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FCA plans for machine-readable regulatory reporting

21/02/18

Financial regulator issues call for feedback on proof concept developed in TechSprint

The Financial Conduct Authority (FCA) has called for views on how technology can make it easier for firms to meet regulatory reporting requirements and provide better quality information.

Fingers on laptop keyboardIt has issued a call for input on a proof of concept, asking for suggestions on how it can be improved and feedback on some of the broader issues around reporting.

The move follows a two-week TechSprint in November of last year aimed at making the requirements machine-readable and executable. This would enable companies to map the reporting requirements directly to the data that they hold, creating the potential for automated, straight-through processing of regulatory returns.

The FCA said this could benefit firms and regulators by improving the accuracy of the data, reducing costs, and making it possible to implement changes to regulations more quickly.

Every year the organisation receives over 500,000 scheduled regulatory reports from companies, as well as additional ad hoc reports. It said the data is critical to effective supervision and its ability to detect financial crime.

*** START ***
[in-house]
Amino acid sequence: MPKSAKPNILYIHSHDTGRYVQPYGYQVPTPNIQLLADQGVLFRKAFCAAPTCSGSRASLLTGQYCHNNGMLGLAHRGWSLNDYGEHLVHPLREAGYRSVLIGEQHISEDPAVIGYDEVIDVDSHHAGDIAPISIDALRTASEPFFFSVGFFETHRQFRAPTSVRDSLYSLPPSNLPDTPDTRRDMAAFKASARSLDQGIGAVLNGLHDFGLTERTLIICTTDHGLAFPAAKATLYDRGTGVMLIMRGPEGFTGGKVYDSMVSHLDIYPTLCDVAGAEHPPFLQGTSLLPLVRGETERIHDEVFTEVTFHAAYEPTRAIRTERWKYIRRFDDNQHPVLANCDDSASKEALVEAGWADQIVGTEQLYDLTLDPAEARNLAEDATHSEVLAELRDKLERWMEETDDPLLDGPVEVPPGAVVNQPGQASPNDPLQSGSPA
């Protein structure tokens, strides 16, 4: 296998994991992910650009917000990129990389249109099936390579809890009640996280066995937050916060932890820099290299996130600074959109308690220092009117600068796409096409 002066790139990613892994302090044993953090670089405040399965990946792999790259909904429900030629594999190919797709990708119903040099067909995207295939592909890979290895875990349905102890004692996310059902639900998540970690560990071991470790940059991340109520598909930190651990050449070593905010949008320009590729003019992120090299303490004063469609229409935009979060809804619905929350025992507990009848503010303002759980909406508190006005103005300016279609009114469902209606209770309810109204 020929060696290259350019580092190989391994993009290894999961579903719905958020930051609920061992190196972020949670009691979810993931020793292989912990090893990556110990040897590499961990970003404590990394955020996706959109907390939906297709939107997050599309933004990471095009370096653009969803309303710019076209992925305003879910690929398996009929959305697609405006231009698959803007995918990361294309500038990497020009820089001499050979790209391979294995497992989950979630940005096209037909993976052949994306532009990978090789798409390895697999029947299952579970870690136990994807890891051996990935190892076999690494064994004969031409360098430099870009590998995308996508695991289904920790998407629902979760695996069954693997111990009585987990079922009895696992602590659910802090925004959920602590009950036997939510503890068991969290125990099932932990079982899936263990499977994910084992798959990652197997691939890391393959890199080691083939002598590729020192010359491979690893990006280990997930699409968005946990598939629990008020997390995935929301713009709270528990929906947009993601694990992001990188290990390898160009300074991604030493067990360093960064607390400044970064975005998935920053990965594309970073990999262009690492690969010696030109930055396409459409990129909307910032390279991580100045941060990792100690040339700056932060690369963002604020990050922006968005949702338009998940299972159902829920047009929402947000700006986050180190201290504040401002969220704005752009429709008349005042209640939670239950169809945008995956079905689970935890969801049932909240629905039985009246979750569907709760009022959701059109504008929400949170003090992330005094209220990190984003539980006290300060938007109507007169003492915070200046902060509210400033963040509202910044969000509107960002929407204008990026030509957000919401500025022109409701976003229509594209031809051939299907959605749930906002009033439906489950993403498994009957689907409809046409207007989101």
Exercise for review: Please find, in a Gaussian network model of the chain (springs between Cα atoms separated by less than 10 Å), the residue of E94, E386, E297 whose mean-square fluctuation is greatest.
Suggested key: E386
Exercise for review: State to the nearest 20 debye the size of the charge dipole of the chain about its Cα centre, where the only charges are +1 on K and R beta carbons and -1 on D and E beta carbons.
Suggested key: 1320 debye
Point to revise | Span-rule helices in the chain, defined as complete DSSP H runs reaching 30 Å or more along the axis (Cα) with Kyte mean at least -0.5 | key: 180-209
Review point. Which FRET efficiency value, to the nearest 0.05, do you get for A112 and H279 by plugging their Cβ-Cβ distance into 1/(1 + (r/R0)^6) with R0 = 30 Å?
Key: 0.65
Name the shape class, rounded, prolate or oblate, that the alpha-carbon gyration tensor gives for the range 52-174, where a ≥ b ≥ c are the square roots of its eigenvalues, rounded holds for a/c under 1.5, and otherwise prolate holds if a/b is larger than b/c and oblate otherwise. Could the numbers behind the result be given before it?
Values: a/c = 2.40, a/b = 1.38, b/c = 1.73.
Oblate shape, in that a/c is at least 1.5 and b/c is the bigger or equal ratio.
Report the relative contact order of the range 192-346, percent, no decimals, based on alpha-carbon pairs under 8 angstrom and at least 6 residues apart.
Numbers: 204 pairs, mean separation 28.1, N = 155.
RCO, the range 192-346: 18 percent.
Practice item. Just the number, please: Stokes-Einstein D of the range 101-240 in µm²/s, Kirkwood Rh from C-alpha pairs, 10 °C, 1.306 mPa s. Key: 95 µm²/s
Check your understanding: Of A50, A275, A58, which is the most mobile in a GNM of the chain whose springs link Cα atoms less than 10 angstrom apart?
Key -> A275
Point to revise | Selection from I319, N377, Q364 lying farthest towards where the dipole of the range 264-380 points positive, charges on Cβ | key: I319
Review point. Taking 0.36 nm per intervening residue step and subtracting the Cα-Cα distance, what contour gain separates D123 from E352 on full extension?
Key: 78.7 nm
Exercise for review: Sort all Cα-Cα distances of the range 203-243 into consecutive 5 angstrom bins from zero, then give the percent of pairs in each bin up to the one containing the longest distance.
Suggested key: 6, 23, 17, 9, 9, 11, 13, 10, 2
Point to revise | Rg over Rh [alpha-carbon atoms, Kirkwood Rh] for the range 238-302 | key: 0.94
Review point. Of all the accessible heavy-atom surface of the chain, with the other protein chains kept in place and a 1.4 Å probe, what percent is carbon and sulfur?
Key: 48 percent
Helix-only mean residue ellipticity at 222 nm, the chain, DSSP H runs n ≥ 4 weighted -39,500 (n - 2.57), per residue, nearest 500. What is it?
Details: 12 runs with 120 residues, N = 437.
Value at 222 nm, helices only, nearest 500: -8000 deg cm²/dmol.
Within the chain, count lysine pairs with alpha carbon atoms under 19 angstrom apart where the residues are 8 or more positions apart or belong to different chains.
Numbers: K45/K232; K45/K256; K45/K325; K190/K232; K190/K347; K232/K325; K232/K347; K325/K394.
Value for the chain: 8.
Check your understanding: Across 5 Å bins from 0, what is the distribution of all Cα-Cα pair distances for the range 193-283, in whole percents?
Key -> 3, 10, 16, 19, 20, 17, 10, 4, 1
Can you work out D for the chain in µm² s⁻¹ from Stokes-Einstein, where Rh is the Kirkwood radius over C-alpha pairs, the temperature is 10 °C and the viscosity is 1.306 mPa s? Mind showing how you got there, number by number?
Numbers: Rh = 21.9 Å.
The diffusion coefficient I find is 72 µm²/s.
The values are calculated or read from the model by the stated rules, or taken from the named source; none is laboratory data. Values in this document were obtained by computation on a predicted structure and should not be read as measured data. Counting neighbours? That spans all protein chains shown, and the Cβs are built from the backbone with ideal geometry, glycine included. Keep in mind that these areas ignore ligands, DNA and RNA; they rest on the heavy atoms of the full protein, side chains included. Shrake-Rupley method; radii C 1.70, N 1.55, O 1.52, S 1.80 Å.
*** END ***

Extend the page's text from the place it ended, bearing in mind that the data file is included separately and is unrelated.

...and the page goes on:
Open source model

The call for feedback document emphasises the use of an open source model as a way of encouraging collaboration, and enabling specific firms to adapt the technology to their needs.

It also acknowledges a need for a governance mechanism to decide then manage the implementation of a machine executable reporting system. It says the FCA wants to understand how governance can work in an environment where participants are co-creating the solution.

Christopher Woolard, the FCA’s executive director of strategy and competition, said: “Technology is a powerful shaper of financial regulation, able to make compliance simpler and more efficient. Our TechSprints bring people from across the financial services world together to share their collective knowledge to solve common problems.

“We look forward to working with industry participants in the coming months to drive these ideas forward.”

The call for feedback is open until 20 June, and the FCA plans to publish a summary statement during the summer.

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